Burnaby, BC / Unceded homelands of the hən̓ q ̓əmin̓ əm ̓ and Sḵwx̱wú7mesh Speaking Peoples
Various types of pests are known to decimate the honey bee population and cause hive colonies to collapse. As a result, beekeepers treat their hives with various types of pesticides and these high school students were interested in the impact these pesticides have on the crystalline structure and elemental composition of beeswax. They used the Brockhouse X-ray Diffraction and Scattering Beamline (BXDS), a first for the CLS Education Team, as well as the IDEAS beamline.
Check out their seminar here.
Brampton, ON / Traditional Territories of Mississaugas of the Credit, Anishinabek, Chippewa, Haudenosaunee, Erie, the Neutral Nation, and the Huronwendat Peoples
The motivation behind this research is to gauge the processes of wastewater treatment plants around the Greater Toronto Area (GTA) and compare results to Ontario Drinking Water Quality Standards. Due to infrastructure changes and the plants being situated in industrial areas, these students were interested in looking at what elements can be found in GTA water and the impact they potentially have, by using the IDEAS beamline.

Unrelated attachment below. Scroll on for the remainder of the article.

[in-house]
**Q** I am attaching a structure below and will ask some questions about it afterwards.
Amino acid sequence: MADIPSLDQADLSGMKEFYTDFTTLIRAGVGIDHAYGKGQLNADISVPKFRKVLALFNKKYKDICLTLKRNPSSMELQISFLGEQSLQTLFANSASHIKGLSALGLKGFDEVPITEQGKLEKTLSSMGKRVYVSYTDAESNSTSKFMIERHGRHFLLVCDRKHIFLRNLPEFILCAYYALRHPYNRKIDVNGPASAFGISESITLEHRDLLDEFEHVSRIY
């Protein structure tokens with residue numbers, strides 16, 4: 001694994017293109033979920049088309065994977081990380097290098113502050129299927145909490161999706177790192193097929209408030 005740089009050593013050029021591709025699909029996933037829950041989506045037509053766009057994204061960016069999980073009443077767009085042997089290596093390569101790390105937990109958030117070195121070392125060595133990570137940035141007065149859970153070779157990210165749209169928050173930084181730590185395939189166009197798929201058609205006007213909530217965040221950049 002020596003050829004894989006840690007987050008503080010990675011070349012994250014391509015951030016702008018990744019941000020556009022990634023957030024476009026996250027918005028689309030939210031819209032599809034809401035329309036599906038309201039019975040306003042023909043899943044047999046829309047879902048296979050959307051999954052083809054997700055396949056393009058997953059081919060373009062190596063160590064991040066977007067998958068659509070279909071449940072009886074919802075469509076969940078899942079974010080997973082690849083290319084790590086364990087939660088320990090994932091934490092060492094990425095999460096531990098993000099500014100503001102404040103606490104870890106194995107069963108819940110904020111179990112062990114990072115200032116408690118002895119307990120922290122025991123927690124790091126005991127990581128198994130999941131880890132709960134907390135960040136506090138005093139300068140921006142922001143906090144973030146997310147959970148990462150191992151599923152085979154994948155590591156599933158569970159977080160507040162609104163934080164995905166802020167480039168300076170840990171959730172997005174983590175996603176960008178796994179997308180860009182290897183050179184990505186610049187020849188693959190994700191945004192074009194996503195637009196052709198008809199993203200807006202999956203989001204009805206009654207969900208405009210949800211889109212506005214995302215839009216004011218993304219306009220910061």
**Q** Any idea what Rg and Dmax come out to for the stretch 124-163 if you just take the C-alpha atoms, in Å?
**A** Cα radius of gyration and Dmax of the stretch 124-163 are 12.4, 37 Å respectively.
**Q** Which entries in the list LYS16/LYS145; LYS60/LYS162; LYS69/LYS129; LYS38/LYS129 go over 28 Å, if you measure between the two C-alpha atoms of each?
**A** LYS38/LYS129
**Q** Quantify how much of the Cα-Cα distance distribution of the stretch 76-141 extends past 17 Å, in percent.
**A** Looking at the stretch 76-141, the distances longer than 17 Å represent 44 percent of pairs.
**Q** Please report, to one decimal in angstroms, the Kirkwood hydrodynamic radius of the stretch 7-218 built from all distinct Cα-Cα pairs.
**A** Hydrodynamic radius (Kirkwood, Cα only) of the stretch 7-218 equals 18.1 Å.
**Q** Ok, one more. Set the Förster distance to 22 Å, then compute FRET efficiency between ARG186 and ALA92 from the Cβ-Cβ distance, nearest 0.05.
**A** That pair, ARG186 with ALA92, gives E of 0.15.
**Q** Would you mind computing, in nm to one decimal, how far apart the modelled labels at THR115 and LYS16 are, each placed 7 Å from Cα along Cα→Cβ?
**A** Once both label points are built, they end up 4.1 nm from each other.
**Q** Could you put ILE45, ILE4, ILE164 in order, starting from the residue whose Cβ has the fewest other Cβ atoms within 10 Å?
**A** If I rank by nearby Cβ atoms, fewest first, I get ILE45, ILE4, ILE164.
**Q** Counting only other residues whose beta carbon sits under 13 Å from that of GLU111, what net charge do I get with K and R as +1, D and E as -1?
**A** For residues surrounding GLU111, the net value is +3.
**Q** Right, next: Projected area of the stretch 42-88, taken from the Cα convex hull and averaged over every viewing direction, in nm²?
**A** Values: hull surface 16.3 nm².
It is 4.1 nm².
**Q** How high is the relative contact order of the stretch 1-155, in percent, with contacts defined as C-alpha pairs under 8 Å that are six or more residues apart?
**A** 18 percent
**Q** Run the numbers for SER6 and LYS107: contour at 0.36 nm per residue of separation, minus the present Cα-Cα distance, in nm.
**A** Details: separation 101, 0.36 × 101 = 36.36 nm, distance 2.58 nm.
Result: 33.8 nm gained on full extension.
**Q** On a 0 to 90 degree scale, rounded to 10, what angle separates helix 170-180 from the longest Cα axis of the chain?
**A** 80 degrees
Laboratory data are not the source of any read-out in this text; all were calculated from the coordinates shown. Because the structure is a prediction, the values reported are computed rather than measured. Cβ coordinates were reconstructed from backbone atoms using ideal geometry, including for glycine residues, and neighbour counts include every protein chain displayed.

Check out their seminar here.
Looking for More Projects?
These are just a few examples of the more recent projects with our Students on the Beamline groups. There are more projects, media communications, and even videos on the various previous projects completed this year and through out the years. Take a look!
Our Students on the Beamlines program gives an authentic and immersive science research experience for students, which includes communicating experimental findings with a scientific poster. We host an annual Students on the Beamline Scientific Poster Competition, typically held in Spring, for student groups who have conducted research at the Canadian Light Source within the last year. There are four competitions: Judges' Vote, Peer-Review, Staff Pick, and Public Vote. The winner of the Judges' Vote receives a trophy that they can display at their school and the winner of the Peer-Review receives a plaque they get to keep.
Looking for ways to enhance the design of your scientific poster?
Click below to find resources that can help you out!